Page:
On the other hand, eliminating superfluous memories helps us to generalize events from past to present. Thus a good memory is a memory which prioritizes and selects. "Deep sleep plays a key role in this selection. It allows sorting between what will be archived and what will be erased," said Jaffard.
It is crucial to understand that the memory is the direct opposite of a magnetic audio tape that records everything that passes. A memory is not a faithful archive of the past. "In everyday life, that would be a disaster," said Jaffard. His article cites the case of a famous patient of the neuropsychologist Alexandre Luria (1902-1977). The patient, "S," was a journalist with a phenomenal memory, which he associated with different senses. This hypermnesia was a poisoned gift and a real life handicap. It prevented the man from understanding abstract concepts or even recognizing a face, since he would perceive all the changes to a face from one meeting to the next, having retained the precise expressions linked to passing moods. Because he was constantly accumulating memories on top of memories, the man essentially could not think. On a daily basis, he was unable to extract relevant data. His only way to adapt to life was by projecting himself into the future.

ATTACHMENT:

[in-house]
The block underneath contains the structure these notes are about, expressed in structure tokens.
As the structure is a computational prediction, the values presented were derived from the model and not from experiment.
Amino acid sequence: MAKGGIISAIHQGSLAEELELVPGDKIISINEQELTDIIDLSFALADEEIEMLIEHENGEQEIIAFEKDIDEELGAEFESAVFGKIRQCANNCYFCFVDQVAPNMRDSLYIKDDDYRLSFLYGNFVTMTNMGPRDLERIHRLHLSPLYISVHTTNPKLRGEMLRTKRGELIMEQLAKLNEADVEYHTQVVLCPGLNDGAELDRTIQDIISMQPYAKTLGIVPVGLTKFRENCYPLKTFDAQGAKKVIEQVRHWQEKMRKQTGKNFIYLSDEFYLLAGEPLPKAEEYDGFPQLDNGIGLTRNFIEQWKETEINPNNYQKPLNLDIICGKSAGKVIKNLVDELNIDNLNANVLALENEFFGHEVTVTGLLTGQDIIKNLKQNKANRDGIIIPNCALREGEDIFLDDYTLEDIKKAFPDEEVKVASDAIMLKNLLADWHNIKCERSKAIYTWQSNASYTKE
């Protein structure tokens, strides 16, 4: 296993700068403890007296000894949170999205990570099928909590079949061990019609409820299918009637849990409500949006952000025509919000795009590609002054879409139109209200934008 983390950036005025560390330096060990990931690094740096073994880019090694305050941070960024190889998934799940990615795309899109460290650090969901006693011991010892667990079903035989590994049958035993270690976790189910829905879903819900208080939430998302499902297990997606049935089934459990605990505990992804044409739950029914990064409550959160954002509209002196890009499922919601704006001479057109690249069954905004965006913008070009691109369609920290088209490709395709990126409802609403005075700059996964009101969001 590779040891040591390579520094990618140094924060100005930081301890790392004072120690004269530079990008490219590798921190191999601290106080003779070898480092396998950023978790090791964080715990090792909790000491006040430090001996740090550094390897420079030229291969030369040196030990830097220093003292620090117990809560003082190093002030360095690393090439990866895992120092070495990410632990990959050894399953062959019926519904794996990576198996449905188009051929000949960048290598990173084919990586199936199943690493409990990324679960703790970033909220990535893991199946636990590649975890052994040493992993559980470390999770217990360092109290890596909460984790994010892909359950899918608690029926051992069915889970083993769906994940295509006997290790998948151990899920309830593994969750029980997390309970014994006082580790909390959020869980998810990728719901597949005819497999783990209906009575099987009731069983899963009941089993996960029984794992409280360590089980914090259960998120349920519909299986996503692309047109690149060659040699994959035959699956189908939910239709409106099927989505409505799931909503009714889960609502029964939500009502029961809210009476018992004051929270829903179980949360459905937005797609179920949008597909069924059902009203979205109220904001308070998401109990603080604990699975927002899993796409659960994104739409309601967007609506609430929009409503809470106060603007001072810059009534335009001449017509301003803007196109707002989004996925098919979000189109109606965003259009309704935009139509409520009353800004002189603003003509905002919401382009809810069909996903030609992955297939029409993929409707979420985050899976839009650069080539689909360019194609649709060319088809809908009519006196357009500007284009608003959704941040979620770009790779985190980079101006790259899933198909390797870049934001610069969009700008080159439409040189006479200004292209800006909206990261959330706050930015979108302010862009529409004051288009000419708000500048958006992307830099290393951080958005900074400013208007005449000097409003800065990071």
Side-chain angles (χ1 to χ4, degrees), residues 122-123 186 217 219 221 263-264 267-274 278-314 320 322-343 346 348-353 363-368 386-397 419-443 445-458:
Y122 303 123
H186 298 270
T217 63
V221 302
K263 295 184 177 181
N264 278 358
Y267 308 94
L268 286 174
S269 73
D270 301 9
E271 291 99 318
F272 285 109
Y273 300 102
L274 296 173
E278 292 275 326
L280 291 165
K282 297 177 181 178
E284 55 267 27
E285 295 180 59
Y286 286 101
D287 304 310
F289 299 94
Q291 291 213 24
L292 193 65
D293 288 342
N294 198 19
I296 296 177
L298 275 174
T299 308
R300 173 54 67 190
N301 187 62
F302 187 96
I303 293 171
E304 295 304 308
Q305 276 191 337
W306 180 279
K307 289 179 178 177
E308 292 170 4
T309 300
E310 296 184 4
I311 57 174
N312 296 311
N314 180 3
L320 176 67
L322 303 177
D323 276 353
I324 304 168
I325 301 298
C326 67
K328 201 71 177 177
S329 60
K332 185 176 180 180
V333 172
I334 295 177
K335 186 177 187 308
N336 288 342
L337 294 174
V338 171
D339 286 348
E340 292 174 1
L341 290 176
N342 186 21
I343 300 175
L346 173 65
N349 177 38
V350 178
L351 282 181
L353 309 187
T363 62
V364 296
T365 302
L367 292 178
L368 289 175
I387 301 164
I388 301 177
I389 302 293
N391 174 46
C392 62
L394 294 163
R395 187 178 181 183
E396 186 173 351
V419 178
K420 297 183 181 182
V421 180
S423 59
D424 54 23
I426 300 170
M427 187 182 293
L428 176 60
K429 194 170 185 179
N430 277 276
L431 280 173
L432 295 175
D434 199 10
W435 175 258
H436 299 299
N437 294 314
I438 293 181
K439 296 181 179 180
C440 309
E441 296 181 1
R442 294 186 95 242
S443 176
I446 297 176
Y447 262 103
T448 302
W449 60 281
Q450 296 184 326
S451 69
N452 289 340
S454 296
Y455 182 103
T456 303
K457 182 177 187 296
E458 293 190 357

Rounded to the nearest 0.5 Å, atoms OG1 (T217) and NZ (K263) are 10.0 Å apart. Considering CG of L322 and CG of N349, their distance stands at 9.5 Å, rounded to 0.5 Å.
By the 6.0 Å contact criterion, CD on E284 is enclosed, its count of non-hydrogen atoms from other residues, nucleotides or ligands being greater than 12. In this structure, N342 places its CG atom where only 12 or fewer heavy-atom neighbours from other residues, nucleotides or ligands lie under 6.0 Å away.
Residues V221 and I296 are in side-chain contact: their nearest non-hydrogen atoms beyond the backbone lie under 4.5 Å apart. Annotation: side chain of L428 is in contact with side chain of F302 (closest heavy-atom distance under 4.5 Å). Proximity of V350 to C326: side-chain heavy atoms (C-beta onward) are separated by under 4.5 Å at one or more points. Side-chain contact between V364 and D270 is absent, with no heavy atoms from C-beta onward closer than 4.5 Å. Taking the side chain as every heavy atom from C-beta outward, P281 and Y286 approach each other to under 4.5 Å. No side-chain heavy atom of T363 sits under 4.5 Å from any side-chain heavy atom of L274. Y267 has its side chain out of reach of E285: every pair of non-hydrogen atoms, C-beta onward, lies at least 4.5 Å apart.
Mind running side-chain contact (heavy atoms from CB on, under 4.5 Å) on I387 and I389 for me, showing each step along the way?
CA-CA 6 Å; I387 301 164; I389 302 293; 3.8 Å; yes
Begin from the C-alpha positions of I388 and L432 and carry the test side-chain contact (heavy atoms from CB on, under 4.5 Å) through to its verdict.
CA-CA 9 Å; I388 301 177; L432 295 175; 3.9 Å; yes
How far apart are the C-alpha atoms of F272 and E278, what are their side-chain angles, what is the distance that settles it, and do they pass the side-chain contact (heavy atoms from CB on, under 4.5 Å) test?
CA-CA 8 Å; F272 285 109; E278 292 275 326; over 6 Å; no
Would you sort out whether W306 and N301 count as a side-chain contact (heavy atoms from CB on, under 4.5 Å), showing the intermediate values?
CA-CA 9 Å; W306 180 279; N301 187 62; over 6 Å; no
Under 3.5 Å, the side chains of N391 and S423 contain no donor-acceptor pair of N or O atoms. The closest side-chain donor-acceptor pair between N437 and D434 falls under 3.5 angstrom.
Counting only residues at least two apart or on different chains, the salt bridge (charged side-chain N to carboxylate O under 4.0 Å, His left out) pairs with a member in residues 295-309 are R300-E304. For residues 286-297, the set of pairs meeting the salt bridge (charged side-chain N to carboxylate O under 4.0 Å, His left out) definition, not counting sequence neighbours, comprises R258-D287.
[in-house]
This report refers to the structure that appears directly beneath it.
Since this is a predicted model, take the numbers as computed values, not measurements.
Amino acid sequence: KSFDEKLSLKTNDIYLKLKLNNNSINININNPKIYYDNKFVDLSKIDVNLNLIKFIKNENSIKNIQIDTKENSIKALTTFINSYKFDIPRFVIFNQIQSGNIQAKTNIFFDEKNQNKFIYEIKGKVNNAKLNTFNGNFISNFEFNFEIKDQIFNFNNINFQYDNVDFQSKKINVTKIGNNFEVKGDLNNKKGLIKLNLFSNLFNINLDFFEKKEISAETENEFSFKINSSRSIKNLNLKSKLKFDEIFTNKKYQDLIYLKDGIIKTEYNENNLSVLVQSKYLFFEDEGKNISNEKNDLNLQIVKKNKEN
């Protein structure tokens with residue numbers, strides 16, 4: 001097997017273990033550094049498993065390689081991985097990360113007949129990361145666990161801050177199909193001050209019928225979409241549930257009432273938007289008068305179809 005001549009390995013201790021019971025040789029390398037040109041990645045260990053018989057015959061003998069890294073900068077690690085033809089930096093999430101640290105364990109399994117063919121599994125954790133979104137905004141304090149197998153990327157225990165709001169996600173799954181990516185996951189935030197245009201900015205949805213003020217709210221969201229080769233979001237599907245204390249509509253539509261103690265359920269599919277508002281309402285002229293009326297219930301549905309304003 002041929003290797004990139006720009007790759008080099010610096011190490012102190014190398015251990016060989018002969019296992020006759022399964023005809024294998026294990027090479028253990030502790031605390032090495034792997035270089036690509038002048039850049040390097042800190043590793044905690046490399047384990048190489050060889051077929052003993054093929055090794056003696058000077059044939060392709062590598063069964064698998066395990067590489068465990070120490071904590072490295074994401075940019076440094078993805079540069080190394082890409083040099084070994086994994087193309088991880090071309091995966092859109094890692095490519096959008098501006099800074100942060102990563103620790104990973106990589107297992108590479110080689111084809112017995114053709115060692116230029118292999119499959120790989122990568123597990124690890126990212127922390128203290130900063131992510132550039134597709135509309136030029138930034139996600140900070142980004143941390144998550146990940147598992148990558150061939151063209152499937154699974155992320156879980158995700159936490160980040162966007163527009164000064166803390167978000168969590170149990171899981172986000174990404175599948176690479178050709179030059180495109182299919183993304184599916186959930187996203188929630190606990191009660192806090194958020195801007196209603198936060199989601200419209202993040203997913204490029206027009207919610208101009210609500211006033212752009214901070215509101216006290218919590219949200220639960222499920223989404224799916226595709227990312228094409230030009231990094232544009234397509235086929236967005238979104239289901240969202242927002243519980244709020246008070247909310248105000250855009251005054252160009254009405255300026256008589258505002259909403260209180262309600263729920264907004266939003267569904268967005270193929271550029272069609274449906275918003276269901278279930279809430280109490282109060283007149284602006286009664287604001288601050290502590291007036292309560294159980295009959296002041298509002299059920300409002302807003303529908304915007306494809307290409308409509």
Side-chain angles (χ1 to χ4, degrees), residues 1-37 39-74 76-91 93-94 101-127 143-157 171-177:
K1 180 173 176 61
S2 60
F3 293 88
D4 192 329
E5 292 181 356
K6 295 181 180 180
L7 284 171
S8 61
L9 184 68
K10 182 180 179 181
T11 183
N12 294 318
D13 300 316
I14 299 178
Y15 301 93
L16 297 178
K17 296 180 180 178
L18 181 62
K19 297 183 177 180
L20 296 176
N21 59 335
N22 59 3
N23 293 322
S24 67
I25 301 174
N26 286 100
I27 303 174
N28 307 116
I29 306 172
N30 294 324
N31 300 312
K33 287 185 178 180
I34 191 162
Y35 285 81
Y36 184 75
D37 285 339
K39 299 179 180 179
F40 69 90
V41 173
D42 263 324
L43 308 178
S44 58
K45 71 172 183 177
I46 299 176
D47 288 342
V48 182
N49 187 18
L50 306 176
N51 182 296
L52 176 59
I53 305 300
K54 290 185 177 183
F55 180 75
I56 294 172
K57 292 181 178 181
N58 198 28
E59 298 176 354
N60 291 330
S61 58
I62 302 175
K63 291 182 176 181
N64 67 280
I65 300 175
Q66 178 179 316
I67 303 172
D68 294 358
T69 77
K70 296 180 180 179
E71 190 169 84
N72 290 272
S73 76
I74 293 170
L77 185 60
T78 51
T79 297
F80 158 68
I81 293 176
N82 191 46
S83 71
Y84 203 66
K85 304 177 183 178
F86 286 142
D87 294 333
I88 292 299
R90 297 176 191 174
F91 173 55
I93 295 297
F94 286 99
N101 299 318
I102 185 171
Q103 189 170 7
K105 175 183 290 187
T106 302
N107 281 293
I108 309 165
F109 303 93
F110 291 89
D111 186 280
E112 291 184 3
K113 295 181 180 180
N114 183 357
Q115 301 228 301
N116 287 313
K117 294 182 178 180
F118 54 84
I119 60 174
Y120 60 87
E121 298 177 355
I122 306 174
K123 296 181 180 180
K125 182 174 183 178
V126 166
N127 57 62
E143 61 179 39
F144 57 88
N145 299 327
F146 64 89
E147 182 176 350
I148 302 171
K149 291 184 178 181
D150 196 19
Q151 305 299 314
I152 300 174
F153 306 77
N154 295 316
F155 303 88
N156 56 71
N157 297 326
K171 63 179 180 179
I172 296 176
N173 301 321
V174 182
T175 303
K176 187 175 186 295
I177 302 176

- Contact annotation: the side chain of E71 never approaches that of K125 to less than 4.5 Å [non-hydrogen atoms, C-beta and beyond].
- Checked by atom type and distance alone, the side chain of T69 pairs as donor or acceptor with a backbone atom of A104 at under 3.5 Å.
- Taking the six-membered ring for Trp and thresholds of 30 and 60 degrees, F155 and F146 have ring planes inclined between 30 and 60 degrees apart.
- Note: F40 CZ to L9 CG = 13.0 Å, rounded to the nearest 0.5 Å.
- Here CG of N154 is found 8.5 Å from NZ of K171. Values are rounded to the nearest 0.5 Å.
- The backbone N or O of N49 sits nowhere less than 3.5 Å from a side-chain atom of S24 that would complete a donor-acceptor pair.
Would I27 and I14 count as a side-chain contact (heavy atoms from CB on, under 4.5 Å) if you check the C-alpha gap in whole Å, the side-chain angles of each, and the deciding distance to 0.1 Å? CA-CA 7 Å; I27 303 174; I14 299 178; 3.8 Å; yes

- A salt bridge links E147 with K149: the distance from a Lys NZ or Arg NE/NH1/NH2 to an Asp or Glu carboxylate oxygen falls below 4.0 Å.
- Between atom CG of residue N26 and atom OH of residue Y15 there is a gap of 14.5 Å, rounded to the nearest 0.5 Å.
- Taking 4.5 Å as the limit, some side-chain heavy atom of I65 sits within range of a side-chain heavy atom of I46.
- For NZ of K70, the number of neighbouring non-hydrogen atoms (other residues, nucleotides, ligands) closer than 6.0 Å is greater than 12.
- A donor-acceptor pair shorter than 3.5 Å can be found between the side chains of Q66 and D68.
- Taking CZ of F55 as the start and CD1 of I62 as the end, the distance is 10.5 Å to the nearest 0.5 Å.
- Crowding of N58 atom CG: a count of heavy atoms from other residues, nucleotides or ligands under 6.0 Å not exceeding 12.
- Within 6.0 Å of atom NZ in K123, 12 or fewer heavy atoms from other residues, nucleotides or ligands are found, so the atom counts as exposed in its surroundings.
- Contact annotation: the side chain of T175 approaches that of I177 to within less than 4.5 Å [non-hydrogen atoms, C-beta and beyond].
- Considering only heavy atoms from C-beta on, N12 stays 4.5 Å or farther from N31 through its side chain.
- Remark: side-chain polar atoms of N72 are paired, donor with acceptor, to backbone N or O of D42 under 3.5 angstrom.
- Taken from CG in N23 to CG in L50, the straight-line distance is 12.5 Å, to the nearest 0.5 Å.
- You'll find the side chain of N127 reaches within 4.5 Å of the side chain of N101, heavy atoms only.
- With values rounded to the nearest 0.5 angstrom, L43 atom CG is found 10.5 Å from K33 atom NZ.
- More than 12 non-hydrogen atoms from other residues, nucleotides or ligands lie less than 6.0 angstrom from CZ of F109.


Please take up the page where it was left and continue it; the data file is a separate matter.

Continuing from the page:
To think is to forget differences, to generalize, to abstract. Argentine writer Jorge Luis Borges (1944) short story inspired by the story of "S," titled "Funès the Memorious'.
This inability to forget, hypermnesia, can be triggered by certain devastating events. "Post-traumatic stress is a hypermnesia of the trauma experienced," said Professor Francis Eustache, a neuropsychologist and director of a unit at the French National Institute of Health and Medical Research of the University of Caen.
"The notion of forgetting is not so simple," says Eustache. In our memory, some information is done away with very quickly and permanently. Others are slower to fade. But are they ever gotten rid of completely? Some memories, often ones that are less important or solicited, retreat to the background. But they can be recalled. "All memory is a reconstruction evolving over time," says the researcher. "It is a changing synthesis of the world, of ourselves and of others."